Is Demat account needed to invest in NCDs?

If you intend to invest in NCDs then it is essential to have a demat account as most NCD issuers are only issuing in demat mode. It is not only cost effective but also quicker and simpler.

April 20, 2019 11:47 IST | India Infoline News Service
Non-convertible debentures (NCDs) are debt instruments issued by companies to raise money. In India, it is the NBFCs who have been most actively raising funds in the NCD market. NCD is a form of medium to long term fund raising for corporates and all NCDs have to be necessarily credit rated. The rate of interest on the NCD will depend on the credit rating and the tenure and the yield will vary based on whether the interest payment is done monthly, quarterly or annually.
Broadly, NCDs come in two forms i.e. secured and unsecured. Unsecured NCDs pay a slightly higher interest rate compared to Secured NCDs as they have a higher risk element in them. Secured NCDs will rank higher than all unsecured debt of the company in the event of payment of interest and principal. NCDs are issued in physical form and also in demat mode. Of late, most companies prefer to use the demat mode and we shall discuss this point in much greater detail.
Key features of recent NCD issues
Issuer Issue Close Interest rate Tenure of NCD Market Lot / FV Issue Mode
L&T Finance 09th Apr 2019 8.70-8.90% 3 to 8 years 1 / 1000 Demat Only
L&T Finance 07th Mar 2019 8.75-9.20% 3 to 10 years 1 / 1000 Demat Only
Indiabulls Cons 01st Mar 2019 10.40-11.00% 2 to 5 years 1 / 1000 Demat Only
Shriram Trans 31st Jan 2019 9.12-9.70% 3 to 10 years 1 / 1000 Demat Only
ECL Finance 31st Dec 2018 9.95-10.60% 3 to 10 years 1 / 1000 Demat Only
Source: NSE
The option to hold NCDs in your demat account was always available even in the past. Of course, investors had the choice between holding bonds in physical form and in demat form. However, if you look at the NCD issues in the last few months, all the NCD issues are coming in compulsory demat mode only. That means, there will not be any physical certificate allotment of the NCDs and only demat allotment will be done. This makes it mandatory for investors to have an active demat account before applying for NCDs. Holding in NCDs in demat account is also a lot simpler as it becomes easier to sell these bonds in the secondary market and also get a more comprehensive view of your assets through your demat account. If you intend to invest in NCDs then it is essential to have a demat account as most NCD issuers are only issuing in demat mode. It is not only cost effective but also quicker and simpler.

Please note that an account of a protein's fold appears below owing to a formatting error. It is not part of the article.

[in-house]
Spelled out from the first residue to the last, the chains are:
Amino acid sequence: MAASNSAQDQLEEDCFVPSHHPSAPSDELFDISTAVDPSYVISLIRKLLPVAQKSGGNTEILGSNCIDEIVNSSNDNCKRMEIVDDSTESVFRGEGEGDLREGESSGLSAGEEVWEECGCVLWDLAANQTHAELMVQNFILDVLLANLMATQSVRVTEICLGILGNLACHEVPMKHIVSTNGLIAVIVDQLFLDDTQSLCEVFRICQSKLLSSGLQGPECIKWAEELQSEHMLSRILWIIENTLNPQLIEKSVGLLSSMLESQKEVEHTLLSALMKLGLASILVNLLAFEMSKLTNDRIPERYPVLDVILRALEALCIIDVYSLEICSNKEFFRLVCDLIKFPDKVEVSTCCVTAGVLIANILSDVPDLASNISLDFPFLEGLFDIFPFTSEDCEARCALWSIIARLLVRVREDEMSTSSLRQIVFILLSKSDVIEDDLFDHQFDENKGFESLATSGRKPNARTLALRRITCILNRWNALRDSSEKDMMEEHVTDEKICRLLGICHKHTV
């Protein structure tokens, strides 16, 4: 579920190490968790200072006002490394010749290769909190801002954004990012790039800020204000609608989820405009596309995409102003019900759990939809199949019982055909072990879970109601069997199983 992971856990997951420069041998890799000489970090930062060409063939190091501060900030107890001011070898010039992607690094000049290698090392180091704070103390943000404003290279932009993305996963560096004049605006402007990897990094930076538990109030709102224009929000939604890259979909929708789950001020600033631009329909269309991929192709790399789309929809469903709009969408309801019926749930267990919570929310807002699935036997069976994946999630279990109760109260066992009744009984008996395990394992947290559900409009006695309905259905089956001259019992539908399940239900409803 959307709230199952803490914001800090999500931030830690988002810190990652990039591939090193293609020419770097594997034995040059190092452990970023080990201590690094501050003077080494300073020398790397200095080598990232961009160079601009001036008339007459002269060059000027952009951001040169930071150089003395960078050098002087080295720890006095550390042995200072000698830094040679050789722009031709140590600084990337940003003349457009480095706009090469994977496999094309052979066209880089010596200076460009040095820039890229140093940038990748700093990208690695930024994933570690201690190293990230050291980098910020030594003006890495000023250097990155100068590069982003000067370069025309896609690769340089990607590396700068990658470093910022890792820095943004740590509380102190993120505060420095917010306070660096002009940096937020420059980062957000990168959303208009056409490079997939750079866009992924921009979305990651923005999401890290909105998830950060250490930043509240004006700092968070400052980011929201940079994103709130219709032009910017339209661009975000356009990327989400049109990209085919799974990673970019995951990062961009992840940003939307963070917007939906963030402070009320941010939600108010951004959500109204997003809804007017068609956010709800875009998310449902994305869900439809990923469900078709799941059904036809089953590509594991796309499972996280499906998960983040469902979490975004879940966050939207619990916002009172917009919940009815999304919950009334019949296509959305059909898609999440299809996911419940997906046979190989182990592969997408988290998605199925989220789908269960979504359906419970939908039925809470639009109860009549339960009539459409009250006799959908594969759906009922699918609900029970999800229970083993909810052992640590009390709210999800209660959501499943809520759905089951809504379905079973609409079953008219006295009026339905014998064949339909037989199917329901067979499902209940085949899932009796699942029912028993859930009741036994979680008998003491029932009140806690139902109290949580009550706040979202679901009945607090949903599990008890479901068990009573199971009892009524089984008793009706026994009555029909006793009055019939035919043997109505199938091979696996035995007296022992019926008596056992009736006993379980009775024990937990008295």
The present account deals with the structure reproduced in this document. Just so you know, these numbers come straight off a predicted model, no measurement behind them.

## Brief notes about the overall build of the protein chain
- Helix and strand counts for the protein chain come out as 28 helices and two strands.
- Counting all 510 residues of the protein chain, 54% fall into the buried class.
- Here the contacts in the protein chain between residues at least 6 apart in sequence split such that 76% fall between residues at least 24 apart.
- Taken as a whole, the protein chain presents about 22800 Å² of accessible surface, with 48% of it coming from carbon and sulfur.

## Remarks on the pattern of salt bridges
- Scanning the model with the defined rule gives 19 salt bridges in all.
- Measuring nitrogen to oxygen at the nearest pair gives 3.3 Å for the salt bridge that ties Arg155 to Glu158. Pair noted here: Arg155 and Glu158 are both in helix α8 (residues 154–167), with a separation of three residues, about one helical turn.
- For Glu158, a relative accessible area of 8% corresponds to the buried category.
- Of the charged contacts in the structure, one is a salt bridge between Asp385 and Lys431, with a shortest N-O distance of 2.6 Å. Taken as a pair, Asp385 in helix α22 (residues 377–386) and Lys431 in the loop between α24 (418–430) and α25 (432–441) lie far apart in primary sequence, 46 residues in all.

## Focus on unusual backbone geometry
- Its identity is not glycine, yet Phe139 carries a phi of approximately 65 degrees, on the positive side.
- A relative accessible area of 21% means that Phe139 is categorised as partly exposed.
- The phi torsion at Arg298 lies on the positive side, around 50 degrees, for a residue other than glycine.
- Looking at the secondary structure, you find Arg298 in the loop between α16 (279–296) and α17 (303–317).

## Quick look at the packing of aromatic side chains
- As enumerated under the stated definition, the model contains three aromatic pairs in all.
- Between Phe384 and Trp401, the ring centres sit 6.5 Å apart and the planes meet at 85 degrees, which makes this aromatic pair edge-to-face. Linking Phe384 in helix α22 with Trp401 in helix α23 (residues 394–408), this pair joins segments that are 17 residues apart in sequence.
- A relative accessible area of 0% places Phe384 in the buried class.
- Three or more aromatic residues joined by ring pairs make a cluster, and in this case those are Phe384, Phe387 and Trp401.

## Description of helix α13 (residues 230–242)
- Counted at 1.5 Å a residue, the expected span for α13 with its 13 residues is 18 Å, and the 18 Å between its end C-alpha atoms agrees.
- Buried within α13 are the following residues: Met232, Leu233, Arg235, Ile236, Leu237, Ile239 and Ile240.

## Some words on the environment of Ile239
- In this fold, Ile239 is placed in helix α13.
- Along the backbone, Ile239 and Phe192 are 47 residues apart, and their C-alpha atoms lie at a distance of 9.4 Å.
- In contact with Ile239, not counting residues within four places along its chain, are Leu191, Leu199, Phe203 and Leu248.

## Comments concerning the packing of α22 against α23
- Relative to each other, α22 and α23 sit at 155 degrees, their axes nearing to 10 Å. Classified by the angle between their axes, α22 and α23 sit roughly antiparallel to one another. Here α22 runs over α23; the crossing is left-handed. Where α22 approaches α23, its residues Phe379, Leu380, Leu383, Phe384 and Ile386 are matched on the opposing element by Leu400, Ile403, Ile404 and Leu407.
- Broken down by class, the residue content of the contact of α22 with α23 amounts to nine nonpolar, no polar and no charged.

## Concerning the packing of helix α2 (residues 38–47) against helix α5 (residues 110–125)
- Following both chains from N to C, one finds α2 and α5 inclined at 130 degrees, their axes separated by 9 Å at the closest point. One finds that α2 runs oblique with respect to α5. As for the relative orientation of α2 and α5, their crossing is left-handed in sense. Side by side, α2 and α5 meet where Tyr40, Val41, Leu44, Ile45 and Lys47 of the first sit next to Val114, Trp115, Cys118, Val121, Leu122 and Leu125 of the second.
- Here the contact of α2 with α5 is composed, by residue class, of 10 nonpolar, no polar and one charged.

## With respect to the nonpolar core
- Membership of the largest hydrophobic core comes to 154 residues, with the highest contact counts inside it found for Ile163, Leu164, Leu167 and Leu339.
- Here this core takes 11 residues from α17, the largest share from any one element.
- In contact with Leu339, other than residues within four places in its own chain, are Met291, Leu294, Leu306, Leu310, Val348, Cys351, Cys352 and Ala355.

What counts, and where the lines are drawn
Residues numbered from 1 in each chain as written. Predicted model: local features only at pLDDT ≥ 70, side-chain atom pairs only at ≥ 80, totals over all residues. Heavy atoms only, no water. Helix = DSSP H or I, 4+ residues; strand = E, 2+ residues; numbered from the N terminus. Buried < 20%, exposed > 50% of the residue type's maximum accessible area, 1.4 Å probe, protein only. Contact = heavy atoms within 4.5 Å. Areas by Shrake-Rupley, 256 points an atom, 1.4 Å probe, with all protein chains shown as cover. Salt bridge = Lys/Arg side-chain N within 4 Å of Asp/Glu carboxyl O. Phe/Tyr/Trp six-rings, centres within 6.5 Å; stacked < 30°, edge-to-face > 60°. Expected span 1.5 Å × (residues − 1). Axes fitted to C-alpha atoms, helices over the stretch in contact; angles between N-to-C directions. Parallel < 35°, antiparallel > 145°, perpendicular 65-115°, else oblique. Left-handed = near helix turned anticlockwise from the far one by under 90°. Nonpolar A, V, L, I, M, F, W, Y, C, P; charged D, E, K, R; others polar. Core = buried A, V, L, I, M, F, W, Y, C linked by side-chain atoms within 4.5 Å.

Investing in NCD via ASBA applications
One trend that has picked up in the last few months is investing in NCDs through the ASBA route. Application supported by blocked amount (ASBA) was introduced by SEBI to ensure that the application money does not go out of the bank account of the investor till the time the allotment is made. In ASBA, only the amount is blocked when you apply for the NCD. You continue to earn the interest on this balance and the amount only gets debited to your bank account on actual allotment. The ASBA is unblocked in the case of cancellation of the issue or proportionate allotment. But why is ASBA relevant?
ASBA facility is the key to building liquidity and retail interest in NCDs. Most brokers offer the ASBA facility only through their online trading accounts and in such cases the demat linkage is mandatory. By making NCDs compulsorily on demat mode, it automatically becomes ASBA compatible. This is one of the reasons most of the recent NCD issues are on “Demat only” mode. Just as SEBI has done away with physical transfers in shares, we may see the trend towards demat issue of NCDs only. Your demat account is now a must!

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